Since PLA is regarded as a biodegradable plastic, in theory, it should be susceptible to breakdown by biological matter. This can be an issue if you’re using PLA prints in contact with media that are rich in microorganisms, such as soil or a free-flowing stream of water.
Other factors can also compound the breakdown of PLA by biological matter. Breaking the polymer down into smaller chains by heat or moisture makes it more susceptible to biological breakdown. This is the reason for why industrial composting plants subject PLA to controlled temperature and humidity to break them down into constituent components.
It’s hard to predict exactly how long a PLA print will last. Even after years of studying the material, the degradation rates of PLA are still poorly understood. It does not help that there are now so many PLA products in the market, creating an even greater degree of variance in performance standards.
How to make your PLA prints last longer
The good news is that there are techniques you can use during 3D printing to make your PLA prints last longer. These are particularly useful if you need your PLA print to endure challenging conditions.
1. Use a composite filament
If you really want to stick with PLA but want to make your prints last longer, then you might want to consider composite filaments instead. These are filaments made by combining solid particles and a plastic matrix, typically PLA. The solid particles, such as carbon fiber or metal, imbue both visual and structural benefits to the filament.
A PLA filament mixed with a high-strength material becomes tougher and more resistant to the elements. The added material makes the filament a little more wear-resistant than plain old PLA. However, there’s an important caveat here – composite filament with carbon fiber, fiberglass, or metal is still not as strong as the real thing.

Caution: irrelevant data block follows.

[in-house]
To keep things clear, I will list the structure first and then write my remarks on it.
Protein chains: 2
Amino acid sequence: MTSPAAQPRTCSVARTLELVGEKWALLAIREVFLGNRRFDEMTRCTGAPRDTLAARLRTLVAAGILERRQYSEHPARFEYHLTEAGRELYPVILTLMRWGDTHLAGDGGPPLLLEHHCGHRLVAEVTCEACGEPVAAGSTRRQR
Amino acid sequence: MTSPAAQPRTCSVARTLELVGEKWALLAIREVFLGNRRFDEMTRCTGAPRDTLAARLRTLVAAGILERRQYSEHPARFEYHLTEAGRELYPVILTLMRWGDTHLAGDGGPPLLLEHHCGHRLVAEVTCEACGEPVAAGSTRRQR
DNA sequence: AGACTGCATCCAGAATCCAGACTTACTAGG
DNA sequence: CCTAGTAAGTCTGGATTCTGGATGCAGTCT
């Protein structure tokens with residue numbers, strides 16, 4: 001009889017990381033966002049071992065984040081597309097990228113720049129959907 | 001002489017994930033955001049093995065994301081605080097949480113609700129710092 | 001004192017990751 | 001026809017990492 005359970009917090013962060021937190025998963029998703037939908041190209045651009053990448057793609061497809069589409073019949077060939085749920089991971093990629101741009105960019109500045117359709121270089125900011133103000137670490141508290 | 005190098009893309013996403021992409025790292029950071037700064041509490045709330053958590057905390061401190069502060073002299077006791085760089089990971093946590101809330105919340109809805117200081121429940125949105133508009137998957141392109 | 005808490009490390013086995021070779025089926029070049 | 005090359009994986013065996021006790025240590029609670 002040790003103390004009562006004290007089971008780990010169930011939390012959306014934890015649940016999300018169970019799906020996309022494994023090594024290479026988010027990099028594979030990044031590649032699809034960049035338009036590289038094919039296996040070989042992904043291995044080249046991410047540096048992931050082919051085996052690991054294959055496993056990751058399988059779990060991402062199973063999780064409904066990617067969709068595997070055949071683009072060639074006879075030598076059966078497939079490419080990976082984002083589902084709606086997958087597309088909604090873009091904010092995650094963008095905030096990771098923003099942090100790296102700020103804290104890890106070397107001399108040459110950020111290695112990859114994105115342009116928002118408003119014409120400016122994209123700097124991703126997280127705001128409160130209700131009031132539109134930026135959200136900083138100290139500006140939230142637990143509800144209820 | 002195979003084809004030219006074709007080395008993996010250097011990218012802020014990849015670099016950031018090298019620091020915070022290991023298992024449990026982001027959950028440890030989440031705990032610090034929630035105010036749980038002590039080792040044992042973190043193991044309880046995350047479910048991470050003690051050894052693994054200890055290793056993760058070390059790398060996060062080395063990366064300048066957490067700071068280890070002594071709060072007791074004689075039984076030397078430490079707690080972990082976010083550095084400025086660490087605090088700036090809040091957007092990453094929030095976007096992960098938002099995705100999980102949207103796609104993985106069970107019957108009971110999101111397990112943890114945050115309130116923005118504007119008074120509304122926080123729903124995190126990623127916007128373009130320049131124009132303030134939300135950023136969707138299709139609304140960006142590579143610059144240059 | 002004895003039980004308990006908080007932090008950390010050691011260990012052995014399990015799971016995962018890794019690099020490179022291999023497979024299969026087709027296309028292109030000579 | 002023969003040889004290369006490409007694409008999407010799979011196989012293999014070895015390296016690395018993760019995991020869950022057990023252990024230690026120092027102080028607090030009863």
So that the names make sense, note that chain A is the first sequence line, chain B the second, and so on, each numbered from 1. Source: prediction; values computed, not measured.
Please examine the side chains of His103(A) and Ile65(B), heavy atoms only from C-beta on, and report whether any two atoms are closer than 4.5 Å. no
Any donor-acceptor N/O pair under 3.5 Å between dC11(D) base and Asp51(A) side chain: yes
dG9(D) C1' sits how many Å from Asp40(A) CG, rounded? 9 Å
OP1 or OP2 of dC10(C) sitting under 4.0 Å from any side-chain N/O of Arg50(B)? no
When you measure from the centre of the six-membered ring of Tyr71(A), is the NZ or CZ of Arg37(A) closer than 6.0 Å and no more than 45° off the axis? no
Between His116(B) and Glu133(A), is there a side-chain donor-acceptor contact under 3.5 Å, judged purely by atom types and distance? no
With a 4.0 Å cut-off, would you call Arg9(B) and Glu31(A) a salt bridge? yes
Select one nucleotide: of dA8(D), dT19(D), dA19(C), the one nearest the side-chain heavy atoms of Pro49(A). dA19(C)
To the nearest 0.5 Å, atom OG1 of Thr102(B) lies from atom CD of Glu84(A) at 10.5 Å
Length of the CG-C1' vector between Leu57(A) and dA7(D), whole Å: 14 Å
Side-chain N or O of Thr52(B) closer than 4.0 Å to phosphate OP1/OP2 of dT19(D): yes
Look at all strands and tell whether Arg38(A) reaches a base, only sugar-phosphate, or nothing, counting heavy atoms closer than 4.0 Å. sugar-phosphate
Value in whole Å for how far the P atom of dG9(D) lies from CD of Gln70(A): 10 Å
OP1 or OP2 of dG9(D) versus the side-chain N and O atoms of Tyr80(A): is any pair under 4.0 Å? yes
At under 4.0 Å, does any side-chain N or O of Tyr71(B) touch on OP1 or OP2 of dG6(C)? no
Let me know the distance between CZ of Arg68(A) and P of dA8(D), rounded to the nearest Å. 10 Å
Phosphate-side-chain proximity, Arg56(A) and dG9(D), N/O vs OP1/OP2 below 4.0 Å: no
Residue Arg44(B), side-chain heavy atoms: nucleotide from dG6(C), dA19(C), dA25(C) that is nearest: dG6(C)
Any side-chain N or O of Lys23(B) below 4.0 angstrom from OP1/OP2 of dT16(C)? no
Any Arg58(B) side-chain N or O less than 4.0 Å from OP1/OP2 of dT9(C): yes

2. Apply waterproof coating
If moisture is the enemy of PLA, then one of the best ways to make it last longer is to protect it against moisture. A layer of waterproof epoxy coating works perfectly for this purpose. Epoxy is best applied after the PLA print has already been sanded and polished for maximum adhesion. Make sure to give the epoxy at least 24 hours to cure before using your finished product.
3. Metal plating
Metal plating is an unconventional way of post-processing a 3D print. As the name implies, it involves applying a very thin and even layer of metal on the surface of a PLA print, thereby making it stronger and giving it a unique metallic finish. The benefits of metal plating also extend to protection against moisture, UV radiation, and microbial attack.
There are two possible processes for metal plating – electroplating and electroless plating. The major difference is that electroplating involves the application of an electrical current on a solution of metal salts. Electroless plating, on the other hand, relies merely on chemical reactions to deposit metal on the surface of a 3D-printed part.
The bad news is that metal plating often involves working with hazardous chemicals or industrial-grade equipment. These aren’t things that most people have access to. Metal plating of 3D printed parts has become quite common in industrial settings as a cheaper and faster alternative to all-metal parts.
PLA may be very popular in 3D printing, but it’s definitely not known for being long-lasting or particularly strong. The fact that it’s often described as a biodegradable or bioplastic also raises concerns about how suitable it is under outdoor conditions.
If you’re just using PLA indoors, then this should not be a problem for you. For outdoor use, we recommend protecting PLA with waterproof epoxy or metal plating. Using a composite filament is also slightly better than just standard PLA. Still, take care not to be too demanding of PLA – it’s certainly not a heavy-duty material, no matter how you enhance it.